Meanwhile, more than 10 million people who were infected around the same time as Johnson or more recently have died, according to United Nations statistics. Most have died never knowing they were HIV-positive. Many have gone on to infect their spouses and then their children. And only a very small percentage even knew that their death was not inevitable.

Nowhere is the chasm between the haves and have-nots in the world wider and deeper than in the HIV/AIDS pandemic.

Johnson, a healthy and wealthy man, had access to the latest drug therapies of the time, was well-nourished, and had the best doctors money could buy. By 1994, anti-retroviral drugs were available to most AIDS patients in the United States. Treatment with these drugs was so effective that the "Lazarus Effect" is now used as a description of what happens to AIDS patients who receive drug therapy.

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Sojourners Magazine October 2004
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Cradle of Life

With 35,

With 35,000 churches and monasteries and 500,000 clergy in Ethiopia, the Orthodox Church is poised to send messages into the most remote parts of that country to prevent HIV and to fund ministries to treat the infected. The International Orthodox Christian Charities, the humanitarian aid agency of Orthodox Christians, and the U.S. Agency for International Development have committed to a $6 million campaign to fight AIDS in Ethiopia, the cradle of African Christianity and home to the third-highest HIV-positive population in the world.

"Our job is really to save a generation," said Tedla Teshome of the Development and Inter-Church Aid Commission. "The very existence of the nation is at stake." The goal of the three-year project is to offer faith-based community care to 9,000 orphans and vulnerable children, through "hope centers." Trained counselors will also promote abstinence and monogamy among a target audience of youth ages 15 to 24.

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Sojourners Magazine May 2004
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Children Against AIDS

A Jesuit priest in southern India, along with local Jesuit school students, has launched an AIDS-awareness campaign conducted mostly by children orphaned by the disease. A 16-member theater group is traveling with a play promoting prevention as the only cure for AIDS. "People in this area commit suicide when they get to know they have contracted AIDS," said theater group member Kunda Deepthi, age 10. "I plead with all so that such people may live."

The program is a joint venture by the students of the local Jesuit school and two Hindu doctors. "The future of the church lies in collaborating with lay people, and the present program is one such ‘stepping stone' for lay, intercultural, and interdenominational collaboration," says Jesuit Arulanandam Elango.

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Sojourners Magazine July-August 2003
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Women Empowered to Fight AIDS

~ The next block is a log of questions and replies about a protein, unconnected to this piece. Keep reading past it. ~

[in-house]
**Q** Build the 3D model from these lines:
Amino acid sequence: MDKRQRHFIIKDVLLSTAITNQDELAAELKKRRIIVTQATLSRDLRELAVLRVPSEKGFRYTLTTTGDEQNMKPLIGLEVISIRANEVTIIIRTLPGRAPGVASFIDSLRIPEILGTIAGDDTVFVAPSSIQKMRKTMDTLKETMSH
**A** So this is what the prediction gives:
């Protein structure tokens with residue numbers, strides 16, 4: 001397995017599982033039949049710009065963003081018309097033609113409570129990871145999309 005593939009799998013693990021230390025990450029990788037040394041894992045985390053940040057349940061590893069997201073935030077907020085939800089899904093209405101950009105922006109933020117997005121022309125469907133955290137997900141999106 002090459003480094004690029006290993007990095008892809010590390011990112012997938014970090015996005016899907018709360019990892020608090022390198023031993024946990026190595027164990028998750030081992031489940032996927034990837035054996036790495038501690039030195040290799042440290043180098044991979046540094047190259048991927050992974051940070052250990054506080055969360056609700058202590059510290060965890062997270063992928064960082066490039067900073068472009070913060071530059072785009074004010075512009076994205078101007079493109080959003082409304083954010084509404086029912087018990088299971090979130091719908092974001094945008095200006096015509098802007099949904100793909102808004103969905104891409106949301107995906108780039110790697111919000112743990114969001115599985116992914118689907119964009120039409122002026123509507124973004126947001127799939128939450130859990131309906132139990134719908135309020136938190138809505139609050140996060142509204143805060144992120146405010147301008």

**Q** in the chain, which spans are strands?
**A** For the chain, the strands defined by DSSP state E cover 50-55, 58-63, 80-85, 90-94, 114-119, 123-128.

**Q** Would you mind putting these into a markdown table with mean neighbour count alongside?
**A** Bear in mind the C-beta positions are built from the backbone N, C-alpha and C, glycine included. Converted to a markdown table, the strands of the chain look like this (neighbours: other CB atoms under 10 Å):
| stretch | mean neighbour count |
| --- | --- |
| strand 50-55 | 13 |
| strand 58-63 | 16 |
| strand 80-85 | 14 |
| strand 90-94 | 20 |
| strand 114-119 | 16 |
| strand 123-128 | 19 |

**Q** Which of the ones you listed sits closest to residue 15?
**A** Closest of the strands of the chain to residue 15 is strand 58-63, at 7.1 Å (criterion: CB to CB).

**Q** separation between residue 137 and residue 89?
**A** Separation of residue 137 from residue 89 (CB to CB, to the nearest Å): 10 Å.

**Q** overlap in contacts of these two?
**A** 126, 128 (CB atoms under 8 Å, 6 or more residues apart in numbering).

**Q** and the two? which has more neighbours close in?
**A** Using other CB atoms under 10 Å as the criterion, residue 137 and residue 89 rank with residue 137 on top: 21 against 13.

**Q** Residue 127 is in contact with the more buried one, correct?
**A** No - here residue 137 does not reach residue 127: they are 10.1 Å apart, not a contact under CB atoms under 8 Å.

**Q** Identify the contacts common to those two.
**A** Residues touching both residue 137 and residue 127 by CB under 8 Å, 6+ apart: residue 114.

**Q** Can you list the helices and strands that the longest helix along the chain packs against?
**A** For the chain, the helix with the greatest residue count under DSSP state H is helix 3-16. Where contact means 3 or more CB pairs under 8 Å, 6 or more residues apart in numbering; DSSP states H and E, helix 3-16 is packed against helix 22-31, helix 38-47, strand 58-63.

The San Francisco-based Global AIDS Interfaith Alliance received a $1 million grant from the Bill & Melinda Gates Foundation to fight HIV/AIDS in Malawi, Africa. The grant enables GAIA to launch the Malawi Women's Empowerment Project to train a network of women in rural Malawi villages in AIDS prevention and care. These women will then be deployed throughout southern Malawi to provide counseling and medical referrals to those living with HIV/AIDS. Rev. William Rankin founded GAIA in June 2000 to train health and religious leaders of all faiths for AIDS prevention and care, primarily in Africa.

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Sojourners Magazine May-June 2003
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The Devil's in the Details

Proverbs tells us that where there lacks vision, the people perish. The United States has lacked vision in the fight against global HIV/AIDS, the greatest health crisis in human history. For the majority of the 42 million people infected in the world, AIDS still represents a death sentence. More than 12 million orphaned children in Africa alone interrogate our response and demand that we do more.

In his State of the Union address this winter, President Bush outlined a bold role for the United States by pledging $15 billion over five years to fight HIV/AIDS in Africa and the Caribbean. The initiative promises to provide life-prolonging treatment to 2 million people and to prevent 7 million new infections. In addition to this desperately needed new money, the president stated a principle that activists and people of faith have embraced in the fight against HIV/AIDS. "In an age of miraculous medicines," Bush said, "no person should have to hear" the words, "‘You've got AIDS. We can't help you. Go home and die.'"

With Bush's plan the devil lies in the details. The political landscape around HIV/AIDS will be defined by how this new commitment is implemented. The advocacy battle must turn to getting the details right. While the details may not generate the same degree of outrage, they will determine how many lives are lost or saved.

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Sojourners Magazine May-June 2003